8. Create a multi-use WWOOFer kitchen, dining room, computer use area, and reading room. These hosts became interested in sustainable farming in 2007 as WWOOFers in France. The experience inspired them to become farmers and WWOOF hosts in turn. Today they have hosted more than 150 WWOOFers from around the world over the course of 10 years, at their 30-acre organic farm in the Capay Valley in California.
  9. Install an underground root cellar at this off-grid farm, and allow for the storage of harvested crops without refrigeration. Rather than connect to the electric company or attempt to build an off-grid version of the modern solutions, this project will employ an age-old method used by traditional agriculturalists – using the stable temperatures and moisture of the earth to keep food fresher for longer. These hosts live and work full time on their farm from March through November with the help of WWOOFers, and when their farm freezes, they WWOOF throughout the southern United States on other organic farms, learning new approaches & networking with likeminded people.
  10. Construct a composting toilet and upgrade housing facilities on this diversified, off-grid homestead in Minnesota. Before settling in Finland, Minnesota, these hosts worked and studies at farms across the USA, as well as in Switzerland, Holland, India, and Sri Lanka. In addition to Round River Farm, today they co-manage the nearby Wolf Ridge Organic School Farm and David directs the OCA AgroEcology Center, both of which are also listed with WWOOF-USA.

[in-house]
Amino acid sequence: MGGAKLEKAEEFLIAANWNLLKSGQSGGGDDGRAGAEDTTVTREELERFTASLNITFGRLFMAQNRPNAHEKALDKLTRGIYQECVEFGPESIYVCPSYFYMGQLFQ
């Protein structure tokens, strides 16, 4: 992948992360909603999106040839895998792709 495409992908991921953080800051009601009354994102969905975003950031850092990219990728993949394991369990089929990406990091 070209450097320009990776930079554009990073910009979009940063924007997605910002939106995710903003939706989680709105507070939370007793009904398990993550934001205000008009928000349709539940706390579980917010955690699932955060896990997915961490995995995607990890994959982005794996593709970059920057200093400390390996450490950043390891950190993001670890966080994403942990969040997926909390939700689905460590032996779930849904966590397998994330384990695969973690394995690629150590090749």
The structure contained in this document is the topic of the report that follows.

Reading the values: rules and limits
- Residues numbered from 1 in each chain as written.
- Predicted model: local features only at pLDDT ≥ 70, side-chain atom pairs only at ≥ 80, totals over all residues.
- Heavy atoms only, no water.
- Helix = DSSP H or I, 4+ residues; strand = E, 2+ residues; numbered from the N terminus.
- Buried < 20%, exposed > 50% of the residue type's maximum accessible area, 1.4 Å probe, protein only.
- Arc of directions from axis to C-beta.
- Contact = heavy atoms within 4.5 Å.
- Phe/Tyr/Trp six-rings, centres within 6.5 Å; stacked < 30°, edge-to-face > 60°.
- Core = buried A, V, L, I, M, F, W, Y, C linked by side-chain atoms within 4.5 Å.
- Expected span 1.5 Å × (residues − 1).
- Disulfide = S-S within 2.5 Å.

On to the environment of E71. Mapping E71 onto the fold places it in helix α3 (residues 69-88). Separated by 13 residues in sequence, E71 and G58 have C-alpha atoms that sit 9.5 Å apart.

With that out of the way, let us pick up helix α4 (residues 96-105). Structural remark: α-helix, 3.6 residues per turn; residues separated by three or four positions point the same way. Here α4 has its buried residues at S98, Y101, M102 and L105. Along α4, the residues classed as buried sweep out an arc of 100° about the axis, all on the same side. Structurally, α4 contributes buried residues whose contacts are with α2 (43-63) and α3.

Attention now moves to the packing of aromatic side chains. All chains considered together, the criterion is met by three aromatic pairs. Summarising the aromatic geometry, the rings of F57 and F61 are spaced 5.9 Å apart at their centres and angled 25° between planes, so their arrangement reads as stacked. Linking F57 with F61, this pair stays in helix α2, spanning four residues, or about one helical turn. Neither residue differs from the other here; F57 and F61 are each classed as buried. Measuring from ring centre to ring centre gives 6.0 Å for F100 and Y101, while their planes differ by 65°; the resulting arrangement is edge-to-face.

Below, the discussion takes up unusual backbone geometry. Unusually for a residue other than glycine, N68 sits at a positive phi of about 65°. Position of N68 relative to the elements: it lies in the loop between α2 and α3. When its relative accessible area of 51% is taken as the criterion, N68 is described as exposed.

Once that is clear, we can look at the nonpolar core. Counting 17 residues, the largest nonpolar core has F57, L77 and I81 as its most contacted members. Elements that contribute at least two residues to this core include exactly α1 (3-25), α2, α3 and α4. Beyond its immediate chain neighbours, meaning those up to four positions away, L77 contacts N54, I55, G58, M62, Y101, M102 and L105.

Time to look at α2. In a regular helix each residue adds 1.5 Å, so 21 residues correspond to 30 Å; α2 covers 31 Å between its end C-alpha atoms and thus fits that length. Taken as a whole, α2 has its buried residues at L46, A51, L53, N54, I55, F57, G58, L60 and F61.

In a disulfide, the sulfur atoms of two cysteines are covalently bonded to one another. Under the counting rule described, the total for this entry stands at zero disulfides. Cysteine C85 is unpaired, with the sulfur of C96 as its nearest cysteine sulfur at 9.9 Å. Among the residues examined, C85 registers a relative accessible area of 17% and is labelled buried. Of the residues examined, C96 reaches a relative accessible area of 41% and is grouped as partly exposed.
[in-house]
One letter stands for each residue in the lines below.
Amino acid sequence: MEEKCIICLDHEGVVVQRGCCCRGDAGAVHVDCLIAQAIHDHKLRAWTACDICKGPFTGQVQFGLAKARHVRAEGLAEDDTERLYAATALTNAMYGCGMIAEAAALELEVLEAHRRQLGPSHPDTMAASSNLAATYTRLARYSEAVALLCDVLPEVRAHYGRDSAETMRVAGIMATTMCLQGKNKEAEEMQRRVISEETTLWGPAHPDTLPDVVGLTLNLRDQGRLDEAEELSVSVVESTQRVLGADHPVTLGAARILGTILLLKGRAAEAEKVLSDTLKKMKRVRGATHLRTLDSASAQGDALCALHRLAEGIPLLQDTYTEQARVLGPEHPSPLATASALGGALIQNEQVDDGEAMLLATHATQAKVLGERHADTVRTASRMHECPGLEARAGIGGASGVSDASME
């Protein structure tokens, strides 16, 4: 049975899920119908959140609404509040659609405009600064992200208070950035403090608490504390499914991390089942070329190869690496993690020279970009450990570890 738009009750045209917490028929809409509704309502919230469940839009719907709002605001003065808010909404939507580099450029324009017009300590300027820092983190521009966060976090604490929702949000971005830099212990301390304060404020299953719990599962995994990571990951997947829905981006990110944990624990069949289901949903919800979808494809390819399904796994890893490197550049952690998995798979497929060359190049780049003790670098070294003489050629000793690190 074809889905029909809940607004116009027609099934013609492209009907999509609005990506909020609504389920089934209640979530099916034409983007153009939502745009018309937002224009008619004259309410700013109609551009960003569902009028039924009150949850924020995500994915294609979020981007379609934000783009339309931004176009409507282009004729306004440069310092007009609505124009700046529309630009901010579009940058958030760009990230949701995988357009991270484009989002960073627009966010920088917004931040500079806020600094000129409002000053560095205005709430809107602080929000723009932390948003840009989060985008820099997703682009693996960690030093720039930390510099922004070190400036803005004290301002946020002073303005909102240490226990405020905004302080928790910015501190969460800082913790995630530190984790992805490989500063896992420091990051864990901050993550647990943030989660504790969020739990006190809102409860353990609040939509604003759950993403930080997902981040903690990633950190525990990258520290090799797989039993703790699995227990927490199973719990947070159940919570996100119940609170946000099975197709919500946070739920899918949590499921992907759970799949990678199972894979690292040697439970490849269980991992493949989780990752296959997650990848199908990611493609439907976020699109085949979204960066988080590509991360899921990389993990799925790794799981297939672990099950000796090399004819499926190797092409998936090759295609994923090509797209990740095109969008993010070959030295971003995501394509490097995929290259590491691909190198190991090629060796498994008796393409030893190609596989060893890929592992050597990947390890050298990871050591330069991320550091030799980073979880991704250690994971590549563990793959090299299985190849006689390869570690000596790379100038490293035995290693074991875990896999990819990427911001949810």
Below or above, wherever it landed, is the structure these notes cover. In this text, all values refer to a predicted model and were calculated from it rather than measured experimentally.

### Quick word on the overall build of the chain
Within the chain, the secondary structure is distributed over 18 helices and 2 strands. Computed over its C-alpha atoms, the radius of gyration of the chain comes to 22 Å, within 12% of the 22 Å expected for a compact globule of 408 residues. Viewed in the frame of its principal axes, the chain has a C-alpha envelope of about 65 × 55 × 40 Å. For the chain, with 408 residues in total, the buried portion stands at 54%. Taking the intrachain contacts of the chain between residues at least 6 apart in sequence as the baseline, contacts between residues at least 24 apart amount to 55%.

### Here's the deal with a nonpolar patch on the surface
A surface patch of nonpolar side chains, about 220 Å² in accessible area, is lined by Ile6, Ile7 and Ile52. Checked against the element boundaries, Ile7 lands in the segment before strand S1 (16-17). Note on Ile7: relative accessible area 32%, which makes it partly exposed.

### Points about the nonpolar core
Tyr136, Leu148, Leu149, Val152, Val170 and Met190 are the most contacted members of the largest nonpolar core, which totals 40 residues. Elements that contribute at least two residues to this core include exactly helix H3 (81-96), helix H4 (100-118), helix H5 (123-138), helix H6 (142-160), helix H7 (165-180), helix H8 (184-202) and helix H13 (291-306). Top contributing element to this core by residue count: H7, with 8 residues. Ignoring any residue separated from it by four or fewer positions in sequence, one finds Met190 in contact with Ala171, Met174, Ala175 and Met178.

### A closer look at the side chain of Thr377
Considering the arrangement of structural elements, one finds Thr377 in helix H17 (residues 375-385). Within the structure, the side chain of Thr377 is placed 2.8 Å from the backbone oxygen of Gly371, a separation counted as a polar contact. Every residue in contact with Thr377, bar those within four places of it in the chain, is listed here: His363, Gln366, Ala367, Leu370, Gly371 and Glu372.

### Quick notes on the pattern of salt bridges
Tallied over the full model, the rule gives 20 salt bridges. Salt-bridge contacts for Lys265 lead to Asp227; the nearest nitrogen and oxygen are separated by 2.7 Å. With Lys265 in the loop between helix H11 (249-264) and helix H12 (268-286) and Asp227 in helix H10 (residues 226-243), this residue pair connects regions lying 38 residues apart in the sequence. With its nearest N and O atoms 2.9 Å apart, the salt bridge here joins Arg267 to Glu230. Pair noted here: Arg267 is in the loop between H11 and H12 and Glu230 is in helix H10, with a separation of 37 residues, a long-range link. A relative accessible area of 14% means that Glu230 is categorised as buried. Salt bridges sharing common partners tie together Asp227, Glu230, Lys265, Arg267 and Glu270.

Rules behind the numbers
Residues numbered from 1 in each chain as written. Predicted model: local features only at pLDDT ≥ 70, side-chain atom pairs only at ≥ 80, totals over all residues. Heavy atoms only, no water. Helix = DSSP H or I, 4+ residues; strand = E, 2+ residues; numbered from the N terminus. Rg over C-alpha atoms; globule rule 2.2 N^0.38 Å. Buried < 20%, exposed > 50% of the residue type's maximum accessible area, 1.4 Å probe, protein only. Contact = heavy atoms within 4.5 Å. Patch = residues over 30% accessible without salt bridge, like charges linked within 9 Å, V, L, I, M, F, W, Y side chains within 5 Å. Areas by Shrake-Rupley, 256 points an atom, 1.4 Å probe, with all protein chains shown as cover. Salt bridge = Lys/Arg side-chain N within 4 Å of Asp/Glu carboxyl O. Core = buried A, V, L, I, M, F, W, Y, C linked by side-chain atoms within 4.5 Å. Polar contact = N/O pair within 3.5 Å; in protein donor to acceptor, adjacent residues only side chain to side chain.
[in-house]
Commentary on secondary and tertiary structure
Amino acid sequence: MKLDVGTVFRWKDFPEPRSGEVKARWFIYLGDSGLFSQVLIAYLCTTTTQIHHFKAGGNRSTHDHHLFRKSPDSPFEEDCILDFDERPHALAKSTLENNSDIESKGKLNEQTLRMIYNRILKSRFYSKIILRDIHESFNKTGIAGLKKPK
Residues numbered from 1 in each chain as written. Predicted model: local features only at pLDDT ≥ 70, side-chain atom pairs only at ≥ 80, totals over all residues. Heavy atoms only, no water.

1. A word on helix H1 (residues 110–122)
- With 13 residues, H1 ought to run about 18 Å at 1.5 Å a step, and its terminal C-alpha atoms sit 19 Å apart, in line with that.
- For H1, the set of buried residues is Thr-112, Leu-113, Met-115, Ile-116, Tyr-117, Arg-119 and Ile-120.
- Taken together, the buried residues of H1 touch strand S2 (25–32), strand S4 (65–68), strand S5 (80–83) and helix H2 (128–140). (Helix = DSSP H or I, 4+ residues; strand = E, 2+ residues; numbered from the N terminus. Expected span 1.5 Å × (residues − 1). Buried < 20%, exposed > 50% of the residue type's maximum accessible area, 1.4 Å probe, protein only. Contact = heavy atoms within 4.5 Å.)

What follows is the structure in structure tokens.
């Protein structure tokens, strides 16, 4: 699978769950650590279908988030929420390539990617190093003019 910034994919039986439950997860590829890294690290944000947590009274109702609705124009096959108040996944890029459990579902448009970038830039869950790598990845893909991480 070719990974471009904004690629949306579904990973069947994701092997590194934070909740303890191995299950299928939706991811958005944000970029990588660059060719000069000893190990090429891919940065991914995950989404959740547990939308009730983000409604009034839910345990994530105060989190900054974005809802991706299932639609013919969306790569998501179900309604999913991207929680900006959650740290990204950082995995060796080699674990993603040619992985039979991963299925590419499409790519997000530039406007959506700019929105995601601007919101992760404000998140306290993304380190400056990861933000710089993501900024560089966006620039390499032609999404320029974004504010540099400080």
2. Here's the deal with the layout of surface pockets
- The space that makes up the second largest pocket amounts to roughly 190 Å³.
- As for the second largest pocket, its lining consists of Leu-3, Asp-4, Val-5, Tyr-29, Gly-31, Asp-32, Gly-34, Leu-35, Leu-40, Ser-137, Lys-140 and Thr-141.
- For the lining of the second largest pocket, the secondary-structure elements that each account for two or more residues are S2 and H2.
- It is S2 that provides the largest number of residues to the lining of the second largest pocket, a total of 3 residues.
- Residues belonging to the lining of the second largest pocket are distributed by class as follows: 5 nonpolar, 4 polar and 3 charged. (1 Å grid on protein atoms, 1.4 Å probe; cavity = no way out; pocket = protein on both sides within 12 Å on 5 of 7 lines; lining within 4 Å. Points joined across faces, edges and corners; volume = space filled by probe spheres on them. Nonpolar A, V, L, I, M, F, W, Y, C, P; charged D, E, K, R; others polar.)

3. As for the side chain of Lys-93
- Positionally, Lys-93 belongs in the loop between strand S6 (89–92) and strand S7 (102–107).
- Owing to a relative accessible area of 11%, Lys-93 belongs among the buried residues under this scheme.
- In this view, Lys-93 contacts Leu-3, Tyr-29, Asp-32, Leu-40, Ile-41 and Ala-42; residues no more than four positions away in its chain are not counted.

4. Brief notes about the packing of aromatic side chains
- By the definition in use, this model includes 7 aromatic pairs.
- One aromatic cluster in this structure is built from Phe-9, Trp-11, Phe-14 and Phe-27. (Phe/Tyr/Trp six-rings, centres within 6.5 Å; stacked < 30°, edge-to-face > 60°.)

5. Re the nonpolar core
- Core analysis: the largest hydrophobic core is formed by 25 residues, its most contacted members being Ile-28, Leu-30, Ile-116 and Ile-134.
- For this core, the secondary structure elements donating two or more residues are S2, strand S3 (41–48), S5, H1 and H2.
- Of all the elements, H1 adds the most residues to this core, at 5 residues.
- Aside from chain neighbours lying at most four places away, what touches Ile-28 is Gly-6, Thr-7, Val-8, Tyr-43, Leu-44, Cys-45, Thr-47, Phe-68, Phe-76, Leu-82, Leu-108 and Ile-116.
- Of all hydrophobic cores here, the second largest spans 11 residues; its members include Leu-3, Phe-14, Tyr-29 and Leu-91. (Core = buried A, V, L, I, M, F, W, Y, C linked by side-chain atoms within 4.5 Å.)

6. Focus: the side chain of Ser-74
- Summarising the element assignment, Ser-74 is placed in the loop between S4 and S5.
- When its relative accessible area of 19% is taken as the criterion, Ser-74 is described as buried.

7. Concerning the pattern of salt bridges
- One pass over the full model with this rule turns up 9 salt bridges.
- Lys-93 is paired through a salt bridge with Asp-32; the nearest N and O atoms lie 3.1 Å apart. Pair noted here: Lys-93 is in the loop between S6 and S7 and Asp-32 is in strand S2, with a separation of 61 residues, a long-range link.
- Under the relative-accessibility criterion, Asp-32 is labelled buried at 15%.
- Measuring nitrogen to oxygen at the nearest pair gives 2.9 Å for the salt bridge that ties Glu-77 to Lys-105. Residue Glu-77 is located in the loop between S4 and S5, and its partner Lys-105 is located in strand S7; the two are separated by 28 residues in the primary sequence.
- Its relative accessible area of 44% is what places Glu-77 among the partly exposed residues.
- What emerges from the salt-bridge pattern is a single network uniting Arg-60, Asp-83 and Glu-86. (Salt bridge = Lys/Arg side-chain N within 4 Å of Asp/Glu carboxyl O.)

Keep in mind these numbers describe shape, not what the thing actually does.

11. Renovate an existing building and construct a small addition containing a shower and sink, in order to create a low-tech, eco-friendly toilet and shower system for WWOOFers and farm visitors. This project will further the farms responsible stewardship of their land, and serve as an educational opportunity for WWOOFers.
  12. Increase the teaching apiary by adding additional hives. Taos Goji teaches basic workshops to WWOOFers on beekeeping, in addition to growing goji trees. Last year their bees were devastated by bears, so this project will help build up the hives again while providing bees for the farm and for teaching beekeeping basics to WWOOFers.
  13. Build a Slovenian-style beekeeping shelter, which combines a protected bank of built-in beehives with a multiple-use interior space for hive management, honey processing, and WWOOFer housing. Additionally, a sheltered extension will contain an outhouse and three-season shower facility. The building will ease pressure on the host’s home plumbing, give them greater control over water use, especially in drought conditions, increase the quality and quantity of housing they can offer WWOOFers, and provide for expansion of their beekeeping/pollinator conservation program.

WWOOF USa invites you to stay tuned in January 2018 for information on how to apply for the grants program again next year.


SOURCE: wwoofusa.org